The salsa scene.  In December 2010, when I was still in Turkey and preparing to move to Ecuador, I made a list of resolutions for myself.  One of the goals I wrote in my journal was “I definitely want to find a place in the salsa community!!  My goal is to have friends to go out dancing with, help me practice, and improve as a salsa dancer.”  And I can proudly and affectionately say that I accomplished this.  I really have.  I can go to any salsa club in Quito and be confident that I will know at least one person there.  I know a lot of salseros.  Most of my friends are salseros (whom I will miss dearly).  I’M a salsero.   And while I know that there are lots of opportunities for salsa dancing in the Twin Cities, and I look forward to getting involved in THAT community as well, I also doubt that it will be the same.  From what I’ve seen in the metro area salsa clubs, falta sabor.  I will fiercely miss salsa dancing in Quito.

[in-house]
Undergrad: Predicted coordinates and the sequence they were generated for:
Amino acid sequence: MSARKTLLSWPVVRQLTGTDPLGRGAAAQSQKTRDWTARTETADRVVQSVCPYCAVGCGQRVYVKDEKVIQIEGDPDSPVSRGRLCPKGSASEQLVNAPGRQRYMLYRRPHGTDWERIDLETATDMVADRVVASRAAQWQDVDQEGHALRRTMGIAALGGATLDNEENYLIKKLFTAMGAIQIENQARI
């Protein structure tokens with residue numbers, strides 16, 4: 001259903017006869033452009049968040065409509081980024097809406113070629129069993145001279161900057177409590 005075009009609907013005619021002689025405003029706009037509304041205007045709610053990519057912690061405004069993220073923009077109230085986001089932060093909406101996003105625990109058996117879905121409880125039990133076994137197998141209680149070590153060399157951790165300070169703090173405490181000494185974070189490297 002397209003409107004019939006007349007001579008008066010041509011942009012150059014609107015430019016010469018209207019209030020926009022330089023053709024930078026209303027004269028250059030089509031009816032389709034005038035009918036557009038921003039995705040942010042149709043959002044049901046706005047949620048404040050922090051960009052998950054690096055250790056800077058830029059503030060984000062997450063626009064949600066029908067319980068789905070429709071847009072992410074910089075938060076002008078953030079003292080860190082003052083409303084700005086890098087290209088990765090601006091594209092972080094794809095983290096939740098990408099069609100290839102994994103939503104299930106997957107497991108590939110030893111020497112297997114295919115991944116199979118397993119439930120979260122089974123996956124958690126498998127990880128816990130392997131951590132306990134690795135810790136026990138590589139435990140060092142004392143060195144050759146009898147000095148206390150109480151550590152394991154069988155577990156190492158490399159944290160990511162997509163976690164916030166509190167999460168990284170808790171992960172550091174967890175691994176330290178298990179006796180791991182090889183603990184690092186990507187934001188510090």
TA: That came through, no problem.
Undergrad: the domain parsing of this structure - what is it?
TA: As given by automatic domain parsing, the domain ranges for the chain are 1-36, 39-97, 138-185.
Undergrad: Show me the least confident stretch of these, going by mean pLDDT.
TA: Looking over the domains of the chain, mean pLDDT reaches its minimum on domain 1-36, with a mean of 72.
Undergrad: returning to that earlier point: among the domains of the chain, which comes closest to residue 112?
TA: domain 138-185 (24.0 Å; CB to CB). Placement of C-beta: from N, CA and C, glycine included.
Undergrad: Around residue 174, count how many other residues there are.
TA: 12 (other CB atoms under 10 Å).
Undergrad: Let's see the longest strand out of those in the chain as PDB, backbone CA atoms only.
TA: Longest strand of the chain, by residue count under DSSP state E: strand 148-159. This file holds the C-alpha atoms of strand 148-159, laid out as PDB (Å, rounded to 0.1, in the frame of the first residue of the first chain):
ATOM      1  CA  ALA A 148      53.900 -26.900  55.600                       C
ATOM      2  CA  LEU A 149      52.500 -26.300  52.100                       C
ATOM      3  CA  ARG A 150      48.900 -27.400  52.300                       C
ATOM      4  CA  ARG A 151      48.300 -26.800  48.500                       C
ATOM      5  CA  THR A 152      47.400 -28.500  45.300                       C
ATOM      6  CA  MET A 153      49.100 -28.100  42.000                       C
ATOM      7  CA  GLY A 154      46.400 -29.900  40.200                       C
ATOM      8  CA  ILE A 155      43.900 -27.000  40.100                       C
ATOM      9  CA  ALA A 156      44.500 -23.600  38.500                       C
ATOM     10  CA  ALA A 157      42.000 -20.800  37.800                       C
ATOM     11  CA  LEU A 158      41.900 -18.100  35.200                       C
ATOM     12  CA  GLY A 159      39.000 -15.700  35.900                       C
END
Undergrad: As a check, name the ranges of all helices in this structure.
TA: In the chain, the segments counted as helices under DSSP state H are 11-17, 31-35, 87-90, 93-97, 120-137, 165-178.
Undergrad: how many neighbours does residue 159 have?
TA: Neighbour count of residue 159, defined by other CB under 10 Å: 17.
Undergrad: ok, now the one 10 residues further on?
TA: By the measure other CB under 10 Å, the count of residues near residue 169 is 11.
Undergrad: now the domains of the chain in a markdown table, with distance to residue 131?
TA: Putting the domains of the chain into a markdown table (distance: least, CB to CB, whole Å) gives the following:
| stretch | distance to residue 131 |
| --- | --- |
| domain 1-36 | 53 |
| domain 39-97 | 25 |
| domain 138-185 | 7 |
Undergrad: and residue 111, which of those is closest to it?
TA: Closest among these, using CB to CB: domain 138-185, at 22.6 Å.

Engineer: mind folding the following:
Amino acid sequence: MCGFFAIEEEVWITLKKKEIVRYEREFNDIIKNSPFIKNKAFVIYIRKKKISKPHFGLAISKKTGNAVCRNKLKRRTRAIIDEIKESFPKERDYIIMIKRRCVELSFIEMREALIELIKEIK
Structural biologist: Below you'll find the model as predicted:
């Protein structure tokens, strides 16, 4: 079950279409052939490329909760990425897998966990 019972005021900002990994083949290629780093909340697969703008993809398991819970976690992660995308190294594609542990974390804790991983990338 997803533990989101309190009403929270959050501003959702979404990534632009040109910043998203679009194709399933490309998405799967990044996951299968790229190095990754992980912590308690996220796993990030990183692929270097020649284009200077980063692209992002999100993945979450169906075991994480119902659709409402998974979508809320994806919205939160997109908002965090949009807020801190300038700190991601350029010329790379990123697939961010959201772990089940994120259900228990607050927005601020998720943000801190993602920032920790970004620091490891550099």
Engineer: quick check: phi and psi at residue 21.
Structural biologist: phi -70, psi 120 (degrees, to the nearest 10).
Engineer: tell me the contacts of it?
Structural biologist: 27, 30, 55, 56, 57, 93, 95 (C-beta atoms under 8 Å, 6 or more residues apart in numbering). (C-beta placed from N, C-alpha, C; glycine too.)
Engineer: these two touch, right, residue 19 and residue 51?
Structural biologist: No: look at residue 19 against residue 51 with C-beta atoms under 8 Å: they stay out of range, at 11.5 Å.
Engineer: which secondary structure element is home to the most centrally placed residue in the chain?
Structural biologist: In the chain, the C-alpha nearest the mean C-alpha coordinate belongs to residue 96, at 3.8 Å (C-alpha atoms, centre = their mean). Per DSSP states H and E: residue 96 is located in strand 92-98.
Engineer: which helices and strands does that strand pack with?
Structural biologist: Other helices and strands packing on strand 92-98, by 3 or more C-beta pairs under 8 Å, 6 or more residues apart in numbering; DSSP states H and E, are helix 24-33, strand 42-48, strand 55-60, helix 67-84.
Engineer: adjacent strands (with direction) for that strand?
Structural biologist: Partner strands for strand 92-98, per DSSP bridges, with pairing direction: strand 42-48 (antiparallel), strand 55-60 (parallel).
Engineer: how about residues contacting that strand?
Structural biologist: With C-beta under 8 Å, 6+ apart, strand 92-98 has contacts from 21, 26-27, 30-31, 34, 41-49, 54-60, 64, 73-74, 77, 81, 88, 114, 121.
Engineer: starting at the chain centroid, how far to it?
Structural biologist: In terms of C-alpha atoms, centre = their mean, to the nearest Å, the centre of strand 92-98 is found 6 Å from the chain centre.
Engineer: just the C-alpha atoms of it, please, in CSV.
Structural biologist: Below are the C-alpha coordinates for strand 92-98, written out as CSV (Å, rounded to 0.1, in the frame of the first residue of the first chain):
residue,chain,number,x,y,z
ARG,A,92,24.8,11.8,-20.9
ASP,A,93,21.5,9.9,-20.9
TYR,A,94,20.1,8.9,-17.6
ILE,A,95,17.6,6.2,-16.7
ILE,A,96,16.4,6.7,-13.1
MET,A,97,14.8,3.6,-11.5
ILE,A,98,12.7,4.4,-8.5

DSC_0774 copia